The timing of the Passover Seder is completely intuitive. Every year, on the night the Jews left Egypt, we commemorate the formation of the Jewish people with an elaborate ceremony telling the story of the Exodus. The scheduling is so obvious that we wonder why the Haggadah, the Seder text, considers holding the event earlier in the month.
“You might have thought that you could do it from Rosh Chodesh. [The Torah] teaches us, saying ‘on that day.’”
If not for that verse requiring the commemoration on the day of the Exodus, we would have been allowed to celebrate the holiday up to two weeks earlier. What logic is there in celebrating the Exodus on the wrong anniversary?
One possible explanation for this surprising suggestion lies in the nature of Jewish peoplehood. Ironically, the first person in recorded history to refer to the Jews as a people is Pharaoh: “He said to his people, ‘Indeed the people of the sons of Israel are more numerous and are more powerful than we’” (Ex. 1:9). In his desire to extinguish us, he united us. However, his intent was certainly purely ethnic. He meant that Israelites are a people like Emorites and Ammonites, but we are more than that.
Recent studies have rekindled the debate over whether European Jewry is largely descended from Khazar converts. The Khazarians, or at least their leadership class, converted to Judaism in the eighth century. Rav Yehudah HaLevi made this famous with his dramatization of the Khazarian king’s decision to convert in his Sefer Kuzari. Some today believe that the majority of European Jews are descended from these converts. With this, they argue that we do not have a legitimate claim on the land of Israel. They are mistaken.
While this is certainly an interesting historical discussion, it contains little theological importance because converts are full-fledged Jews. Jews are a covenantal people, united by the Torah. In R. Sa’adia Gaon’s immortal words: “The Jews are only a nation by virtue of the Torah” (Emunos Ve-Dei’os 3:7, based on Jer. 31:34-35). An ethnic nation is determined by blood ancestry. The Jewish nation includes all who accept the Torah and their descendants.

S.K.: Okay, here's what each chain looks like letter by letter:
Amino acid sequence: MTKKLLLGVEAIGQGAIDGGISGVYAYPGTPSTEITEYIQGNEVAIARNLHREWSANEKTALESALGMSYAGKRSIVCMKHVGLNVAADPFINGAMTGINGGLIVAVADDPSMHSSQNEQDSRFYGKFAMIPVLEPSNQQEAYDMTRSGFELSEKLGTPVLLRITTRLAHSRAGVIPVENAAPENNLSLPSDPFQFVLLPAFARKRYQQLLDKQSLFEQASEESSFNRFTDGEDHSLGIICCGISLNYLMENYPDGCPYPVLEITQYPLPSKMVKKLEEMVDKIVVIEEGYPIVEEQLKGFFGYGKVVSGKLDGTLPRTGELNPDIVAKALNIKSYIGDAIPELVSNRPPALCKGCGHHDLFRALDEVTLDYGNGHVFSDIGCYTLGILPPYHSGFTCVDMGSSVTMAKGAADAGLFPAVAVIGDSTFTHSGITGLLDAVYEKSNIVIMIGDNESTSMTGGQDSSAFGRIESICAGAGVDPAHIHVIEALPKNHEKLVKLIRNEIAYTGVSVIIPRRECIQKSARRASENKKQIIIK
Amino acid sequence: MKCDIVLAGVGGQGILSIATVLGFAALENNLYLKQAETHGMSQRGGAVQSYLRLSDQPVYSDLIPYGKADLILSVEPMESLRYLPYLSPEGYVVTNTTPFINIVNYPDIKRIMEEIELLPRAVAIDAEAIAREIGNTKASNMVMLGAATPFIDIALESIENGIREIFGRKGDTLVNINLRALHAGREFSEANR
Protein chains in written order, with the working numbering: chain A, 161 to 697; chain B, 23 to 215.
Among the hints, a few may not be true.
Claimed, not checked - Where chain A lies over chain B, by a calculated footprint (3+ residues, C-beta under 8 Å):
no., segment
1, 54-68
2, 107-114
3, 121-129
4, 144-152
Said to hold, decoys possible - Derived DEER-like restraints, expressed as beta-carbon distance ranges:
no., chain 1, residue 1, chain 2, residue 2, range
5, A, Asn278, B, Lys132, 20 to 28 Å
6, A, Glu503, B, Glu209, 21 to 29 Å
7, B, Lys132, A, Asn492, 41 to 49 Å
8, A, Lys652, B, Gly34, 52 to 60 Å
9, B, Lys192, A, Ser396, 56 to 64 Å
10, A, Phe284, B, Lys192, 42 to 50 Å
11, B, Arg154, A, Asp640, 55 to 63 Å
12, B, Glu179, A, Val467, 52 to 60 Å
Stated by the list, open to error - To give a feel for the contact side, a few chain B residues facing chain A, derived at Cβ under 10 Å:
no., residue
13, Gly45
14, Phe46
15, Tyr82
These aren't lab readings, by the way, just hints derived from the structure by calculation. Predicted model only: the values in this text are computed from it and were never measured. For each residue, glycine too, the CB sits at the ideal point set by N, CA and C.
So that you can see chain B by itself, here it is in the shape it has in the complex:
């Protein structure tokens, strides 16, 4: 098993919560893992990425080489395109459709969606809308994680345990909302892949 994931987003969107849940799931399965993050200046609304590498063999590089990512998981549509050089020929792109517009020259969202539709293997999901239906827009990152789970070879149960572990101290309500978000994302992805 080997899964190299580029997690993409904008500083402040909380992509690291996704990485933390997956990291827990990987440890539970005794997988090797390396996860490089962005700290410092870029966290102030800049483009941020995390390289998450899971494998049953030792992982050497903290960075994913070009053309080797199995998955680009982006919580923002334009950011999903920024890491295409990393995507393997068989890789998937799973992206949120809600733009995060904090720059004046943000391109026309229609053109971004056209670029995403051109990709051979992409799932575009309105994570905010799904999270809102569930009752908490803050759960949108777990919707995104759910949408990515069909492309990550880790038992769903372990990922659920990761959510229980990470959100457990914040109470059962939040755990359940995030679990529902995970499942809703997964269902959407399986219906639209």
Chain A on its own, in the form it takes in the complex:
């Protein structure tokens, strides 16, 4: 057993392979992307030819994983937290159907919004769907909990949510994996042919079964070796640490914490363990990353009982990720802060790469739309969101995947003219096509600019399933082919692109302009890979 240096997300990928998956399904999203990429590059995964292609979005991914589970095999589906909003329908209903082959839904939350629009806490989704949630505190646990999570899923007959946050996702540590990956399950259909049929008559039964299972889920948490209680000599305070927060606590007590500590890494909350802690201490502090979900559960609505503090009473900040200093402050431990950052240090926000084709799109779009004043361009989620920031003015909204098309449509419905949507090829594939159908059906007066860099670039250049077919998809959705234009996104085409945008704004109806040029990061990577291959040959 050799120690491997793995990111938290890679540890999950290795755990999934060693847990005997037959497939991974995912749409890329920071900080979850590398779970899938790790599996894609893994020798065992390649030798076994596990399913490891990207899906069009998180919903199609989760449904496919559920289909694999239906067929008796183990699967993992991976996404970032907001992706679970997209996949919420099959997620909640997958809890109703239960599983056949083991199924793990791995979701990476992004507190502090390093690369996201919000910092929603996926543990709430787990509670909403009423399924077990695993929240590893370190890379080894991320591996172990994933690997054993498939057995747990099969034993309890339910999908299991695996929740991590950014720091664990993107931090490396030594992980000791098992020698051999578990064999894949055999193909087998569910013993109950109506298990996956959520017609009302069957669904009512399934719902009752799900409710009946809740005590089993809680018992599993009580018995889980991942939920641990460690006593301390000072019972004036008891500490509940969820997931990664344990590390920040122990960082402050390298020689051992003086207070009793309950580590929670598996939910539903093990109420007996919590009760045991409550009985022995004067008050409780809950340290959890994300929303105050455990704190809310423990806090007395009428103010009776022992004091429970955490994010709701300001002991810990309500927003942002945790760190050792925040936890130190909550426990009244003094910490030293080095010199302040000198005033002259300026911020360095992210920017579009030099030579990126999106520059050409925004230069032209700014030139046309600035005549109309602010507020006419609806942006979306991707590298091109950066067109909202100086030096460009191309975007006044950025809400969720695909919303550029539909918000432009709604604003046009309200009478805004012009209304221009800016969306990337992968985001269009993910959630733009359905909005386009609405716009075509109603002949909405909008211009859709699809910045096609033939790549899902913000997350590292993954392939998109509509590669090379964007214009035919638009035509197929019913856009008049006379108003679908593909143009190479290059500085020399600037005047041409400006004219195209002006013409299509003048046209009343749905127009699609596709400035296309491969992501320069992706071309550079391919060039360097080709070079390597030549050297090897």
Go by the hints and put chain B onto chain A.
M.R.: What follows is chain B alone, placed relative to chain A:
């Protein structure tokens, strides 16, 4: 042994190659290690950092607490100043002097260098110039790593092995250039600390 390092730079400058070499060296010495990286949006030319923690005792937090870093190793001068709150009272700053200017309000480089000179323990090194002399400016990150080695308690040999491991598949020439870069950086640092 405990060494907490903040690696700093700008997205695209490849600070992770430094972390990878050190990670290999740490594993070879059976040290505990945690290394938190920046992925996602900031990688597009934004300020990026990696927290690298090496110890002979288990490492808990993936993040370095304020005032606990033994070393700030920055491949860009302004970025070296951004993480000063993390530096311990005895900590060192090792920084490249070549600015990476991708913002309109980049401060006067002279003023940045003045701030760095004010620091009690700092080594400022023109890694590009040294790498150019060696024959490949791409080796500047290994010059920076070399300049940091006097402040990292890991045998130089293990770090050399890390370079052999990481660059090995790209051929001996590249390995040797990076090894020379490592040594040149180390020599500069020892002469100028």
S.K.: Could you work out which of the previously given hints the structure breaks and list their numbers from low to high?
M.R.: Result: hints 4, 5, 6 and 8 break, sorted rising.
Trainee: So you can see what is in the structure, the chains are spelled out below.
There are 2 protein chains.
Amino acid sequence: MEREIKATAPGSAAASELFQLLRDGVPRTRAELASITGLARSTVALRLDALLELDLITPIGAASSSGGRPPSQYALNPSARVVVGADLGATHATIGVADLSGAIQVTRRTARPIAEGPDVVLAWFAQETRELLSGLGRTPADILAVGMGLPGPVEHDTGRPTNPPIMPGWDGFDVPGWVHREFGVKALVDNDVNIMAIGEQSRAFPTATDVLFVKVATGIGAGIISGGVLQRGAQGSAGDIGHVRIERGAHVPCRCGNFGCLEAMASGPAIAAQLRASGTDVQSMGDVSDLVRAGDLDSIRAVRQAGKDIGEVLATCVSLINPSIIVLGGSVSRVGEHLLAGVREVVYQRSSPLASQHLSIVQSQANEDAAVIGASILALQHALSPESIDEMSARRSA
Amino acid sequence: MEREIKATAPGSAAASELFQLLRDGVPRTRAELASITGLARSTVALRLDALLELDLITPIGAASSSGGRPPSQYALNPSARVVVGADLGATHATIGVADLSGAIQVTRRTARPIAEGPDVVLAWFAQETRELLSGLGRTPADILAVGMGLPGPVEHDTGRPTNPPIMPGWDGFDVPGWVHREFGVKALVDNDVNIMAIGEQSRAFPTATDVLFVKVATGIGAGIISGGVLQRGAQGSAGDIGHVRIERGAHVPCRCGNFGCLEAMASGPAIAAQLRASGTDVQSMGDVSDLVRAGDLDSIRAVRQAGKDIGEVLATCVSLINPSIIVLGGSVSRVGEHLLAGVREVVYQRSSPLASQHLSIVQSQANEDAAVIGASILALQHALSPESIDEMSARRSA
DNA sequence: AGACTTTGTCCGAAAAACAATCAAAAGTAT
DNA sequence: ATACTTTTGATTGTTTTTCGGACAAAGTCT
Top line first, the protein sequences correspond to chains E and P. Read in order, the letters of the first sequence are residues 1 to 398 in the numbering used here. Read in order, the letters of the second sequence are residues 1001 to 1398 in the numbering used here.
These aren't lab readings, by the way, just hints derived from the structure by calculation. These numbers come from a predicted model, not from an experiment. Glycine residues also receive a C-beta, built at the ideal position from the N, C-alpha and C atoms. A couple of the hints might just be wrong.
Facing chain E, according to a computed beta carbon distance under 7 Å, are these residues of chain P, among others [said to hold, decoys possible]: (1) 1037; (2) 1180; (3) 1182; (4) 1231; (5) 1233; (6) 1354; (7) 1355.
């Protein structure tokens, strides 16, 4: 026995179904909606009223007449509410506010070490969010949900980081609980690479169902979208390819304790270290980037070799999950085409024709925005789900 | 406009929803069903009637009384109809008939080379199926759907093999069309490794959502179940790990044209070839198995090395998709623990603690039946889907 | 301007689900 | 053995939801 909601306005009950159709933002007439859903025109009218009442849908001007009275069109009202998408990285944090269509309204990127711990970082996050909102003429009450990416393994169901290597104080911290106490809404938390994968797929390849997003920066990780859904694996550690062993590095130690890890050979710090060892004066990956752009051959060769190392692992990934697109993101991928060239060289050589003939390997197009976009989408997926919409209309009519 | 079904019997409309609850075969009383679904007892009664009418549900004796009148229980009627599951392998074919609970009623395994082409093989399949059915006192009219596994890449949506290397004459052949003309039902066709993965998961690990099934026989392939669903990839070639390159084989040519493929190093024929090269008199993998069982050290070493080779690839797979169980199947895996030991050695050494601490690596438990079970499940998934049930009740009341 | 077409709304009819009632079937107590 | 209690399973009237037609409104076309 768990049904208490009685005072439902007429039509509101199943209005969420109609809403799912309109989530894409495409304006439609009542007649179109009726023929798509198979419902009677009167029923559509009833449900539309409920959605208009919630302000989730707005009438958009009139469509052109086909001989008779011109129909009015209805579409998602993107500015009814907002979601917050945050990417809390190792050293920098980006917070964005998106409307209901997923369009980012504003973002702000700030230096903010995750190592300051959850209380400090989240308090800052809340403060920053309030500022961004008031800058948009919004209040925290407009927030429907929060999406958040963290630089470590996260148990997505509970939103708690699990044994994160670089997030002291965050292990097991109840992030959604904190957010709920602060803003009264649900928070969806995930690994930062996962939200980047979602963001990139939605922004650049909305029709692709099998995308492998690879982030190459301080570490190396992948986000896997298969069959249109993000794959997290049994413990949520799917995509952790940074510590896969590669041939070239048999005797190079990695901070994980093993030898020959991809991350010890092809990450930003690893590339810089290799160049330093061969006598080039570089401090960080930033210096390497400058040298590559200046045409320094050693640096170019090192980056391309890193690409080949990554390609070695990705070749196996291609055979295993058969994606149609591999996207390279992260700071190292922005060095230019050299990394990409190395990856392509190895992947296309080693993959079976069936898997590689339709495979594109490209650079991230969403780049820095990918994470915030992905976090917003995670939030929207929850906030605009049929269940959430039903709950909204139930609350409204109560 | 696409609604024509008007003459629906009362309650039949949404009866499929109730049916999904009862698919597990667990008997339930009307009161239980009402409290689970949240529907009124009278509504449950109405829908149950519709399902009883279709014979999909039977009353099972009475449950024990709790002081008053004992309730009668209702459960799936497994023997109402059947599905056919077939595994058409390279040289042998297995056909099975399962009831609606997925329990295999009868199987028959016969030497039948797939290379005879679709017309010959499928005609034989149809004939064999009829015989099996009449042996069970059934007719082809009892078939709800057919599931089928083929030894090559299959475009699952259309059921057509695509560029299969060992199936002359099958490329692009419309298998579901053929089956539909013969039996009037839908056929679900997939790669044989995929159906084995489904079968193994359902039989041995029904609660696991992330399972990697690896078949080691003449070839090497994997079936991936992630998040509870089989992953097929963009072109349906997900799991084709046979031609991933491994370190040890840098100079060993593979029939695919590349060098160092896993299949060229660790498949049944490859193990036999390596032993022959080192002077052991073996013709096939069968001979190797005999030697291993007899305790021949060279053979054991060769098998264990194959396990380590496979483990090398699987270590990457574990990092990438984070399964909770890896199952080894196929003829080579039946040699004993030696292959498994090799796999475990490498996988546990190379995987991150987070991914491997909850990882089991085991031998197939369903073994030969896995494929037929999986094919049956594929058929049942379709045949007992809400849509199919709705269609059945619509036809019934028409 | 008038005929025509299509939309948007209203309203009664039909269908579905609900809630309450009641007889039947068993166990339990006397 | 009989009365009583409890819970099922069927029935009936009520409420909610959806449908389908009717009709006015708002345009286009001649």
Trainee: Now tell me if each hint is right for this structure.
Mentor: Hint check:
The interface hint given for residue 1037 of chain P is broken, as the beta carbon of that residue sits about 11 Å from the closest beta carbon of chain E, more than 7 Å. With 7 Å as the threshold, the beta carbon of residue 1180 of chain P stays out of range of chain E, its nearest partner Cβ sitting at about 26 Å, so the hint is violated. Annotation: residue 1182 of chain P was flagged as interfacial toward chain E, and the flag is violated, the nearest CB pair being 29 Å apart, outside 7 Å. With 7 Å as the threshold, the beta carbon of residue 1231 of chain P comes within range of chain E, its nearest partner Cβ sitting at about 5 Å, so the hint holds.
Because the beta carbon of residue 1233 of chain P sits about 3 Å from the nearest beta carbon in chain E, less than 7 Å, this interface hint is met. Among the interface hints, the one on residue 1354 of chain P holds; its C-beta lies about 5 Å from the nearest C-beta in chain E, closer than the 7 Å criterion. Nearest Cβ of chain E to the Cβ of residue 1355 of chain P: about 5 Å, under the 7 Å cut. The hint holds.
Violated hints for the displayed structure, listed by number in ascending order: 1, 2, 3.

Jewish laws matter, not only in their impact on our individual spiritual development but also on our interaction as a community. Haman describes us maliciously but aptly: “There is a certain people… their laws are different from those of every people…” (Esther 3:8). Our distinct practices unite us in action and experience, binding us a nation in uniform devotion to God. We are a people with very specific theological claims, but what unites us even more are our distinct practices, minor regional differences notwithstanding.
Rosh Chodesh Nissan, the first of the month which the Haggadah considers as a possible starting point for the commemoration, marks the first commandment given to the Jews as a people (see Ramban, Ex. 12:2). On the first of Nissan, God commanded the Jewish people to sanctify new months (Rashi, Ex. 12:3). That day marks the inception of the Jewish nation, the first commandment to bind together the otherwise ethnic tribe. Therefore, it serves as a fitting day to commemorate the process which yielded the Exodus and the giving of the Torah at Mt. Sinai.
However, the Haggadah rejects this suggestion because commandments are too broad a theme for a specific holiday. In Judaism, every day is “commandments day.” Pesach has the Exodus. Shavuos has the revelation at Mt. Sinai. Those are discrete events in history. Even Sukkos, which commemorates the entire desert experience, has the hut (sukkah). Commandments were given throughout the early years and cannot be commemorated uniquely. While the Torah as a whole binds the Jewish people, we perform a Seder for something more dramatic and specific. Ten plagues and a rushed evening leaving Egypt makes for a more thrilling Pesach event.